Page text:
Sika Show: To purchase merchandise from the Fiordland Wapiti Foundation Click here!

Conservation

Nitz Valley

Nitz Creek is an iconic valley within the Fiordland Wapiti Area. The gentle upper valley is a highly productive ‘oasis’ hidden above a gorge in the lower Glaisnock River Catchment. It is where Edgar Nitz, in 1933, shot the largest Wapiti Bull ever taken in Fiordland. 

WHO IS The FIORDLAND WAPITI FOUNDATION?

We are a group dedicated to protecing and sharing all the things that make Fiordland Special

Some of the largest Wapiti Bulls to be seen in Fiordland in more recent years are still to be found in the Nitz. The Upper Nitz Valley also retains a significant number of threatened species in a diverse and accessible seven kilometre valley- floor environment that offers considerable opportunity for intensive (though small scale – 500ha) biodiversity management.

FWF have had a single predator trap line in the upper valley floor to protect Whio (Blue Duck) since 2012, serviced 6 to 8 times per annum as resources and weather have allowed.

This trapping effort has resulted in at least four breeding pairs of Whio that enjoy regular breeding success. It has also offered some protection to local kiwi, kea, weka, kākā, kārearea and bat populations – which all still find suitable habitat on the upper valley floor – from stoat predation.

FWF are now scaling up the protection offered to threatened species in the Upper Nitz Valley (Funded by Burger Fuel). An expanded predator control programme has been developed based on: doubling the current trapping network to specifically target stoats; and sustained possum control around the main Nitz clearing to reduce both predation and competition for food resources from possums.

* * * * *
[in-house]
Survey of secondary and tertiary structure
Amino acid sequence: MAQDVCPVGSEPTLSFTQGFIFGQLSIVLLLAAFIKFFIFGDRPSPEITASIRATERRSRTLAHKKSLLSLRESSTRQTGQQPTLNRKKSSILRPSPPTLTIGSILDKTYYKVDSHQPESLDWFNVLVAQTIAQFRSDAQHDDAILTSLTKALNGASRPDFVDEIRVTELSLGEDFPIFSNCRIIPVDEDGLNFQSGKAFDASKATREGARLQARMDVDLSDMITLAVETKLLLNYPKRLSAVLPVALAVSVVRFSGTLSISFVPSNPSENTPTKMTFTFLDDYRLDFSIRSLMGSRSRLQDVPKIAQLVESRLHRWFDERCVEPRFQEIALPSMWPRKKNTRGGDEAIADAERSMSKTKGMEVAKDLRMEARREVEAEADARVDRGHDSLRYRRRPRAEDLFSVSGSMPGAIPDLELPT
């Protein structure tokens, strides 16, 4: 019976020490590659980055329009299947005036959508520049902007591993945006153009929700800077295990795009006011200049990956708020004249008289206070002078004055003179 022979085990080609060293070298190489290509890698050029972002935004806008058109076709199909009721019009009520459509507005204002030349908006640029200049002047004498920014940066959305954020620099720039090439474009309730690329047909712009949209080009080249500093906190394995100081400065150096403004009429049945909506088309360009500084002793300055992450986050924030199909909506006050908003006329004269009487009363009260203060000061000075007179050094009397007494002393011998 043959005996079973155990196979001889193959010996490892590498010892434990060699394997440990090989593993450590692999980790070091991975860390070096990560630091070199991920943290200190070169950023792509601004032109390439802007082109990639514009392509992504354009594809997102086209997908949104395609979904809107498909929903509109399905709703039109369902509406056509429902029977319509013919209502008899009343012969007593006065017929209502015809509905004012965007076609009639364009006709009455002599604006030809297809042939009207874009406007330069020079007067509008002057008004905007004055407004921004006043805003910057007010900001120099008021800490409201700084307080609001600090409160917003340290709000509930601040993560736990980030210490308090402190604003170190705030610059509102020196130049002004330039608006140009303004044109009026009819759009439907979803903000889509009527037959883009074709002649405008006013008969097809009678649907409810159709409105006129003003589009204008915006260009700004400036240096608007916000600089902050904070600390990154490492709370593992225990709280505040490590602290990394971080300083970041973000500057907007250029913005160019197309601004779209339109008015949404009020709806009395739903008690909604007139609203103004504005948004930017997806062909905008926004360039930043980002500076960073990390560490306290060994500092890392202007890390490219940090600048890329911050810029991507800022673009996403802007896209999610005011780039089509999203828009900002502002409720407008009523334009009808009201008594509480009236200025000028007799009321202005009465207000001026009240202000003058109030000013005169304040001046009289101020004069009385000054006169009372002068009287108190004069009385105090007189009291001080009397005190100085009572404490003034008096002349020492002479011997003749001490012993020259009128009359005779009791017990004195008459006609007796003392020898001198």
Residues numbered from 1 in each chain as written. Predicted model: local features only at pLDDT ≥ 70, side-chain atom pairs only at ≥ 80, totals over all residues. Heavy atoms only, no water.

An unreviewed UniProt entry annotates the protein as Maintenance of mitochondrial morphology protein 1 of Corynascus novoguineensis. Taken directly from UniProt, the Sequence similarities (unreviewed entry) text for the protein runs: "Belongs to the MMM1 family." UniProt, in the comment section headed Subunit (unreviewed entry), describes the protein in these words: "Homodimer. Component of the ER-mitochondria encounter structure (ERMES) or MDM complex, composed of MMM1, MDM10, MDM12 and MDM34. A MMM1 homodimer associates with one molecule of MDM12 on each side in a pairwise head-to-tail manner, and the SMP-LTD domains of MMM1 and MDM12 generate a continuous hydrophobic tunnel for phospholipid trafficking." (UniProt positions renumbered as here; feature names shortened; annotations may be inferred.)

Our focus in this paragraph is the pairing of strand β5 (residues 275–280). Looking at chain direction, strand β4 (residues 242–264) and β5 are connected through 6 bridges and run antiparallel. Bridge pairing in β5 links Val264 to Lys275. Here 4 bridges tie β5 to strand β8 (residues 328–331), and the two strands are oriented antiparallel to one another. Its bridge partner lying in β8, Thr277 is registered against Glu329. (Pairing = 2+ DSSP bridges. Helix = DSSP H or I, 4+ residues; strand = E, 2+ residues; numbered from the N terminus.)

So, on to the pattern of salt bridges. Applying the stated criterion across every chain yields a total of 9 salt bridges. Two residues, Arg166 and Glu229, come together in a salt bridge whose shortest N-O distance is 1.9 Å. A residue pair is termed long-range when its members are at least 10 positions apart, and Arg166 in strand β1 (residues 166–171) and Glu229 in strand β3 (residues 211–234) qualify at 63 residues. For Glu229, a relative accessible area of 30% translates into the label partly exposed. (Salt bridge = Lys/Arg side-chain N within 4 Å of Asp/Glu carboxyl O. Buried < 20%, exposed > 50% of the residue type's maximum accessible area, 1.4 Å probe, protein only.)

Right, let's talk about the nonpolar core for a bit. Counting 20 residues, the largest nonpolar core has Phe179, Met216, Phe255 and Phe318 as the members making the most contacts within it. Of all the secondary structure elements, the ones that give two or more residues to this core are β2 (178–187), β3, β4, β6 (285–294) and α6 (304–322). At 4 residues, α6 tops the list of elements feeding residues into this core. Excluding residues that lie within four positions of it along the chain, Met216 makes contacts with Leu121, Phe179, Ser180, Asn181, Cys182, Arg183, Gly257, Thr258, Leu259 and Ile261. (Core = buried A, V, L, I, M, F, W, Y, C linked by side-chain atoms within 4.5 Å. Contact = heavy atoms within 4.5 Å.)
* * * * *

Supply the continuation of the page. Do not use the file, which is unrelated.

Over time, the development of effective rodent suppression will also be investigated. This predator suppression regime, if successful, will allow for the maintenance of larger, more diverse populations of threatened species and offers an opportunity to test the value of a hunter-led predator management model that might be transferred to other parts of the Fiordland Wapiti Are

Sponsor a Trap

The Wapiti Foundation has 500 stoat traps to upgrade at a cost of $200 per trap.

Become a guardian of one of Aotearoas’ treasures – Te Waipounamu World Heritage -Fiordland National Park. 

Sponsor a trap that will protect Native birds like Kiwi, Kea and Whio. 

The FWF will put your name on it. In return we will supply you with its location and annual updates.